Scientists at the UK Met Office simulated 17,000 eruptions of the Hekla volcano, one every three hours from the 1st Jan 2003 to the 31st Dec 2008, using official weather data. In each simulation, the ash erupted in a 12 kilometre high plume, at a rate equivalent to 2,400 tonnes per second for three hours, then tracked over the following four days. An area was deemed ‘affected’ if the predicted concentration exceeded a certain threshold (equivalent to around 0.05 milligrams of ash per cubic metre). Aircraft typically fly between 9 – 12 kilometre high and so will be affected by a plume at this altitude.

The results of each eruption were compiled to create probability maps that show the likelihood of an area being affected by ash during different time periods. The probability distribution does not reflect the ash cloud shape since it represents an average of many scenarios.
Most of Europe above 50°N has at least a 20% probability of being affected within four days. The results show the track of an “average” plume, which reaches the North Atlantic (after ~24 hrs), then Scotland and Scandinavia (~48 hrs), followed by Western Europe and the Baltic sea (~72 hrs). After approximately 96 hours, it finally reaches Eastern Europe and Russia.

The Met Office researchers went on to plot the probability of 20 different European airports being affected by ash in the four days following an eruption. As we might expect, Scotland and Scandinavia come off worst. Overall, UK airports have a 1 in 3 chance of being affected by an eruption similar to that of Hekla in 1947.

Perhaps the Eyjafjalljökull disruptions were down to bad luck after all? Well, we can combine what we have learned from these studies to estimate the probability of an eruption affecting UK airports in any given year.

However, first, there are a number of important factors to consider.

Not all eruptions are equal. Icelandic eruptions can vary in size, duration and the amount of ash produced. All these factors will affect the risk of ash interruptions in the UK.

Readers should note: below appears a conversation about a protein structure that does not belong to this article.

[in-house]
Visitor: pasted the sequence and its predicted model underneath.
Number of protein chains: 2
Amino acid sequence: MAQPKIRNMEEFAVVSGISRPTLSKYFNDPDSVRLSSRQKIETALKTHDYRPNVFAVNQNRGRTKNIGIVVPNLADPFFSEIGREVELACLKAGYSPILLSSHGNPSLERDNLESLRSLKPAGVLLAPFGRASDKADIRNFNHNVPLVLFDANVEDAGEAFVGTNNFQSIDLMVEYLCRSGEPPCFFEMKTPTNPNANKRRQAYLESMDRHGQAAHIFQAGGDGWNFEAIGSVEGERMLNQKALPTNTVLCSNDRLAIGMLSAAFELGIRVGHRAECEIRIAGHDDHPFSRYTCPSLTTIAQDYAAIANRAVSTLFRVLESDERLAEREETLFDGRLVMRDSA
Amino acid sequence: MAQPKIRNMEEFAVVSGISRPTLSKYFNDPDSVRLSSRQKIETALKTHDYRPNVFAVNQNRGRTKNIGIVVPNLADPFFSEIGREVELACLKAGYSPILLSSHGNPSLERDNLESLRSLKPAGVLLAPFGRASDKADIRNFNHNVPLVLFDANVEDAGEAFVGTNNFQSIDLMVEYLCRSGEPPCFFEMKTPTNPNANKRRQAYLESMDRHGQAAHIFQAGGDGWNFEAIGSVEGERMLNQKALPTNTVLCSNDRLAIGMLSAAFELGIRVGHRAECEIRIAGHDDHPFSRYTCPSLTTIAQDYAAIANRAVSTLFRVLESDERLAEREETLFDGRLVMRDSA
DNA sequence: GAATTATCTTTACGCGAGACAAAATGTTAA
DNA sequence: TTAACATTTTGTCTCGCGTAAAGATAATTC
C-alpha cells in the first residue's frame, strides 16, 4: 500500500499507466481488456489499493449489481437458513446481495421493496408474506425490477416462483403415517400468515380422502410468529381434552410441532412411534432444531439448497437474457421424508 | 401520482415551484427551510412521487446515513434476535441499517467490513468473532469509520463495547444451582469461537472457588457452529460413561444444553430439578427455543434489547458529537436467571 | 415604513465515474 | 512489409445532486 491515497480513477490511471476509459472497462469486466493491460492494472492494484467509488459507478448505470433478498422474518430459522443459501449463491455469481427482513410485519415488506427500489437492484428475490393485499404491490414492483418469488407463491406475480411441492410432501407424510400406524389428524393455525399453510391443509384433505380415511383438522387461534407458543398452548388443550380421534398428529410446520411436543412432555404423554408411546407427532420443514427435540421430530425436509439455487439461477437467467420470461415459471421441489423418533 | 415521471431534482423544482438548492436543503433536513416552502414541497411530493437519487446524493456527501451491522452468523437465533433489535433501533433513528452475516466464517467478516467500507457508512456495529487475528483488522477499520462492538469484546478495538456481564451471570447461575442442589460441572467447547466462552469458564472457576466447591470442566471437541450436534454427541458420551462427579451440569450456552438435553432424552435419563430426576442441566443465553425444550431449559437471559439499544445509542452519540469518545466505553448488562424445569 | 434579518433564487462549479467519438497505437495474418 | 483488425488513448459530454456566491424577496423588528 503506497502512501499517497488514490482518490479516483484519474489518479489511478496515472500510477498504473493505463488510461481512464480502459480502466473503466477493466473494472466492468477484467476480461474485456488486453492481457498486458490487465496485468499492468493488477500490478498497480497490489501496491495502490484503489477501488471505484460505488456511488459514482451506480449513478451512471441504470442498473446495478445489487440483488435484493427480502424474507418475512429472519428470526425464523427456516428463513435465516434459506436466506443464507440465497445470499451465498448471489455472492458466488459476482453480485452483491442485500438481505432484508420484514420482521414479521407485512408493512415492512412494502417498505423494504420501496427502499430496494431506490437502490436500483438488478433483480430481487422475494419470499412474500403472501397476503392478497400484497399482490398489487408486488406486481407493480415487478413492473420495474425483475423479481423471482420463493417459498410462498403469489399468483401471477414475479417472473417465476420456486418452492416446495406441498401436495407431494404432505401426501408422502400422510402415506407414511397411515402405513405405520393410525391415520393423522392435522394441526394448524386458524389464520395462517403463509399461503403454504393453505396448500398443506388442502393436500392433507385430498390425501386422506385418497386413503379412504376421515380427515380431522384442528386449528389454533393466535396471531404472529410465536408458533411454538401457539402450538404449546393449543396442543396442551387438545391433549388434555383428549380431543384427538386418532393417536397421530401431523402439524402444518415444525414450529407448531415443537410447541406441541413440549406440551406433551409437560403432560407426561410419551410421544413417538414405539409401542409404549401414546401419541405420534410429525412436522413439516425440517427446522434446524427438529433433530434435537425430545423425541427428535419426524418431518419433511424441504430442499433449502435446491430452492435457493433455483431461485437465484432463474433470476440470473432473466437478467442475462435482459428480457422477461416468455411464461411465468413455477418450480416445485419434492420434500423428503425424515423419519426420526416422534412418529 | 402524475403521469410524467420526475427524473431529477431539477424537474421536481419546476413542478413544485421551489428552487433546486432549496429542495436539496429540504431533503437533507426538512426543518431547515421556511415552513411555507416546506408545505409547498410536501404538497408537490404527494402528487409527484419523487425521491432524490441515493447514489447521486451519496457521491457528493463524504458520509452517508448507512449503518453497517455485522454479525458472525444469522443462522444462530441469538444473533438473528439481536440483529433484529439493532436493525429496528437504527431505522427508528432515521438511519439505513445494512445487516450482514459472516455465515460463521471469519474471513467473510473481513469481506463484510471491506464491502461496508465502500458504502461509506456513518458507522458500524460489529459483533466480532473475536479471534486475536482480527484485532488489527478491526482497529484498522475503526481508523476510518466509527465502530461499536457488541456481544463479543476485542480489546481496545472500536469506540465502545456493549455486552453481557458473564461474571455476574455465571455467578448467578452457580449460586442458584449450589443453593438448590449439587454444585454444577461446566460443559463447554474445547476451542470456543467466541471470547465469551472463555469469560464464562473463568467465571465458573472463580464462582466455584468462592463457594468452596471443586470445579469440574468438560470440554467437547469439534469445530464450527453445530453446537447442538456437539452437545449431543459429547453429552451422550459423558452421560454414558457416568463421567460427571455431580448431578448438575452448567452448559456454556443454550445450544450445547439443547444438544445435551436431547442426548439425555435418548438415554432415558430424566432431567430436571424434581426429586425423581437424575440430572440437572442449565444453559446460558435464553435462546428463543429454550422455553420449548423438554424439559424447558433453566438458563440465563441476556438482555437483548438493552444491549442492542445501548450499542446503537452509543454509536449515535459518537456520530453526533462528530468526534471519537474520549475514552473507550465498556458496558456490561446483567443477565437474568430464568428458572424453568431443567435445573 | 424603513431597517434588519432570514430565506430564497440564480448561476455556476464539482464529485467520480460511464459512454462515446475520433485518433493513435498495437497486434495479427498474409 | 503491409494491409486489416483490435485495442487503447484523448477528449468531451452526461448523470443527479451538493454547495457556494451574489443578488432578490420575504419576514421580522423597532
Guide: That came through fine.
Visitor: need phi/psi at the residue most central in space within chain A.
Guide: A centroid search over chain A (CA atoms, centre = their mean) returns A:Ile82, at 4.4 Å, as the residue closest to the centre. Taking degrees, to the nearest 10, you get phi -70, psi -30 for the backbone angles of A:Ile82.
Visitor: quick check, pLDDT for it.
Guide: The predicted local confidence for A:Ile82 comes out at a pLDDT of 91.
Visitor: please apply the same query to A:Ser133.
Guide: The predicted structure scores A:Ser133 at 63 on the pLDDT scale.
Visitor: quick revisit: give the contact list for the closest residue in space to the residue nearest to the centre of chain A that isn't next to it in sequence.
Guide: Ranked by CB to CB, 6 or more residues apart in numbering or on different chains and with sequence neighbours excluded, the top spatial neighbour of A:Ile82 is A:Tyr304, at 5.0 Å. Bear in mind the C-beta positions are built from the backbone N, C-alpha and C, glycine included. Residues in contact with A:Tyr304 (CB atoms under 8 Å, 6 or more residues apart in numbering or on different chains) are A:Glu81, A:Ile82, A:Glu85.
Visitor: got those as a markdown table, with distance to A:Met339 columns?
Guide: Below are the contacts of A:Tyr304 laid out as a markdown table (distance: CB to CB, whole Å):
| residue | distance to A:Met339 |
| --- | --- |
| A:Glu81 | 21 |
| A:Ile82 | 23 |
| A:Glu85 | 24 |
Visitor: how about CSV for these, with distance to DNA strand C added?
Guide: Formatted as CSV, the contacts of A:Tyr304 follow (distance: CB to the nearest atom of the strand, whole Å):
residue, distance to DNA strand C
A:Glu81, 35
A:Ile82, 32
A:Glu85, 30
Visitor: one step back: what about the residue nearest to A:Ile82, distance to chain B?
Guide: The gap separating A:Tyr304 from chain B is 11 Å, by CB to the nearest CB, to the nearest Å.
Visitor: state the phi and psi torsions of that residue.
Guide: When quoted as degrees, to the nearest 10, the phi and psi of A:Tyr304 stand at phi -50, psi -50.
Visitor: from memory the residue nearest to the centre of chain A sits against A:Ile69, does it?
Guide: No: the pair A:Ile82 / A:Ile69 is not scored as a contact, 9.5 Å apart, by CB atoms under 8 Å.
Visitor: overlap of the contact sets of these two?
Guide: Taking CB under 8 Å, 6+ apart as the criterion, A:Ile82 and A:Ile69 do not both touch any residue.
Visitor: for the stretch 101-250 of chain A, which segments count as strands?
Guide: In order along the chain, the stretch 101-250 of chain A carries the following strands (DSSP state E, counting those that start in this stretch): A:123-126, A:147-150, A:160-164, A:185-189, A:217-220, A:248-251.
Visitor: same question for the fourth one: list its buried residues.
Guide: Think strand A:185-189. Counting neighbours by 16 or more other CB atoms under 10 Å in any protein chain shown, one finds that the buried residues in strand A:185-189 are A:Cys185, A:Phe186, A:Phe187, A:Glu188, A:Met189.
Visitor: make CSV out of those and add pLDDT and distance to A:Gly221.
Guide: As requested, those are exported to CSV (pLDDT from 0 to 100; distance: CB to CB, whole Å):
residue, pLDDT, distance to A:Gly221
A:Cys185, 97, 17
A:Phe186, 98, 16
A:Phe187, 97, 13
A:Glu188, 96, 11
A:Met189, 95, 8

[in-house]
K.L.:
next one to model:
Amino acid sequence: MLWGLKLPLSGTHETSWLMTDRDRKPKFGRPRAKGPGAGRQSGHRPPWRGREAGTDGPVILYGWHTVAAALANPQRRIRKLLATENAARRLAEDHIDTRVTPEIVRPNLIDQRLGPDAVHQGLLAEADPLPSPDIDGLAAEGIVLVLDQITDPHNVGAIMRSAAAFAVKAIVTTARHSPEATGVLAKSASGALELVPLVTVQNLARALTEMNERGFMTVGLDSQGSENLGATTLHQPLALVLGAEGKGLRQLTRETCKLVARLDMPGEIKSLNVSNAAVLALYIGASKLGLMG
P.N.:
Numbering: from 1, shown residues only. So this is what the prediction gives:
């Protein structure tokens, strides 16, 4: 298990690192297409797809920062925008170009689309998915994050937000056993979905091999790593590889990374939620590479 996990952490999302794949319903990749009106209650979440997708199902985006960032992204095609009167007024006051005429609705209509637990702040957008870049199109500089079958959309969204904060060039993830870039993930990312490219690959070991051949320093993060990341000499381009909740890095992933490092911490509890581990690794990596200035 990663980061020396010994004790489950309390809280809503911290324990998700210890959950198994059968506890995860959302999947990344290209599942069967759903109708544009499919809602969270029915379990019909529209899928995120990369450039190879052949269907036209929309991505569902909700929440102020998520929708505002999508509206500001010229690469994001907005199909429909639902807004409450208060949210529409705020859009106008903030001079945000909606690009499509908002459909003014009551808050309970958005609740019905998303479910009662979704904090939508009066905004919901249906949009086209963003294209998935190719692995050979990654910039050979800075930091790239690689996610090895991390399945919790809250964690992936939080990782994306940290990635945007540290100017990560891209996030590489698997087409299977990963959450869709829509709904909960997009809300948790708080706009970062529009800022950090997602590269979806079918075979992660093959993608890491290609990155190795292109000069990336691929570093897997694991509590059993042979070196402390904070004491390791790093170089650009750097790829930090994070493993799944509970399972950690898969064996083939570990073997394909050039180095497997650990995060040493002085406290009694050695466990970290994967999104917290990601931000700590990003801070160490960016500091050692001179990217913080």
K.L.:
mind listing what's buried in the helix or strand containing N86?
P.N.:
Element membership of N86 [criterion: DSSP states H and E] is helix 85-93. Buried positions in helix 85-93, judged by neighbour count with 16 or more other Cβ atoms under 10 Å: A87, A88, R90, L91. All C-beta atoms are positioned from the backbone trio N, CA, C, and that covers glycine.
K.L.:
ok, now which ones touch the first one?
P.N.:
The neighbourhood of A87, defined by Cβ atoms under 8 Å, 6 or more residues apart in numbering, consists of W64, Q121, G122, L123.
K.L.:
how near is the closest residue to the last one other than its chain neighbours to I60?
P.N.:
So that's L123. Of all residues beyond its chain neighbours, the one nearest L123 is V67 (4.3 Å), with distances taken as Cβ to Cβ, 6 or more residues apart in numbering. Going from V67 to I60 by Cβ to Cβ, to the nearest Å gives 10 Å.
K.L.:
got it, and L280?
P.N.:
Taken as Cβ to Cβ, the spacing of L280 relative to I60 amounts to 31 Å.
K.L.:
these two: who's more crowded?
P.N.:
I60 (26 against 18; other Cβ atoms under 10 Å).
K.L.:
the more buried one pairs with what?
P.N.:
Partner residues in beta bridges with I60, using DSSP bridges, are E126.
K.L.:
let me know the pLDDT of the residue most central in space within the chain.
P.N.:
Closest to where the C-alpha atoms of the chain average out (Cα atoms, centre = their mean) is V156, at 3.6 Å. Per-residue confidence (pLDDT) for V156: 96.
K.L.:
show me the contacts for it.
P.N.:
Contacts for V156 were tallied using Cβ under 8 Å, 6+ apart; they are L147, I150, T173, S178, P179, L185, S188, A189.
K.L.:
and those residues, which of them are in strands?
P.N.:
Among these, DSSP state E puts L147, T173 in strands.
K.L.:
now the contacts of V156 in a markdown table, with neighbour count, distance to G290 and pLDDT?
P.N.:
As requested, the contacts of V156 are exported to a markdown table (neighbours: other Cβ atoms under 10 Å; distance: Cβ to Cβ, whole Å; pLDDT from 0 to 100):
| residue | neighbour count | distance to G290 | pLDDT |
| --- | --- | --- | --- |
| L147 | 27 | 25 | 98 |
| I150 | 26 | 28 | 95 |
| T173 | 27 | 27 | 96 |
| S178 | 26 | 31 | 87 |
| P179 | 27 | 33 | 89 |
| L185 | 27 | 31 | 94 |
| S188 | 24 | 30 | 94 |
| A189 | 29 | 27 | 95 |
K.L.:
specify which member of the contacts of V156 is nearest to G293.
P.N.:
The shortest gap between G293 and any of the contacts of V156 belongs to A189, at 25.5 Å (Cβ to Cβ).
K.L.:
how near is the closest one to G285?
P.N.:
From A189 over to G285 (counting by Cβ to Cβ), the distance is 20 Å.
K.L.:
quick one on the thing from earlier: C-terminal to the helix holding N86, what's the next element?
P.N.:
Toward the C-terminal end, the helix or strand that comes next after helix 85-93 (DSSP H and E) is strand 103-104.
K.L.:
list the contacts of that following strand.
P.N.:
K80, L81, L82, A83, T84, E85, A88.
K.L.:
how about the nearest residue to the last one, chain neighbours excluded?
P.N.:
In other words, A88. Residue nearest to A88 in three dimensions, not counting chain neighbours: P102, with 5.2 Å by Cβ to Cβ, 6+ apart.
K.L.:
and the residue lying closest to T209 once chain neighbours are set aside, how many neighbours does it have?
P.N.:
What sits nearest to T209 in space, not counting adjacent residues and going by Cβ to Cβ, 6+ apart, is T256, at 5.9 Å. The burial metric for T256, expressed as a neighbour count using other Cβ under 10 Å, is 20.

The Met Office study was carried out before the Eyjafjalljökull eruption, when the advice for aircraft was to avoid all ash. The ‘affected area’ threshold was 0.5 milligrams per cubic meter. This was good advice; the United States Geological Survey recently found that around 20% of reported aircraft-ash encounters since 1953 had resulted in engine damage or failure. However, since 2010, a new threshold of 2 milligrams per cubic metre has been introduced. This is higher than the threshold used in the study, so it is less likely to be exceeded and, as such, the probability of airport closure is overestimated.

These factors add uncertainty to any calculations, which currently only provide a rough estimate. In any given year, the probability of a UK airport being affected by ash from an Icelandic eruption is calculated as:

P = [chance of eruption] x [proportion of eruptions that produce ash] x [probability of ash reaching the UK]
P = (1/5) * (3/4) * (1/3) = 1/20

Taking into account the uncertainty added by the factors above, it is fair to say that we can expect airport closures around every 20 years. This may be a simplistic calculation, but the take-home message is that this is not just a once-in-a-millennium, once-per-century even, or even once-in-a-lifetime event. This is something we should anticipate and consequently be planning for. Perhaps we should all plan a low-cost back-up holiday in the UK as a ‘just-in-case’.

Regardless, given the effects of volcanic ash on climate, health hazard and the global industry, there is a need to further understand the factors affecting ash generation and dispersal. When Iceland strikes again, we might be able to keep the chaos to a safe minimum.

STOP PRESS: Since this article was written, there has been an eruption at another Icelandic volcano, Grímsvötn. The eruption was much more powerful than both the eruptions in the Met Office simulation and the Eyjafjallajökull 2010 eruption. Despite this, disruption to air travel was limited to short closures of some Scottish and Icelandic airports. The smaller impact was due to the weather, as the wind took much of the ash away from us, and the new rules for aviation, which allowed airports such as Heathrow to remain open, despite model simulations that suggested small quantities of ash (below the new threshold) were present across the whole UK.

John Stevenson is a post-doc in the School of Geosciences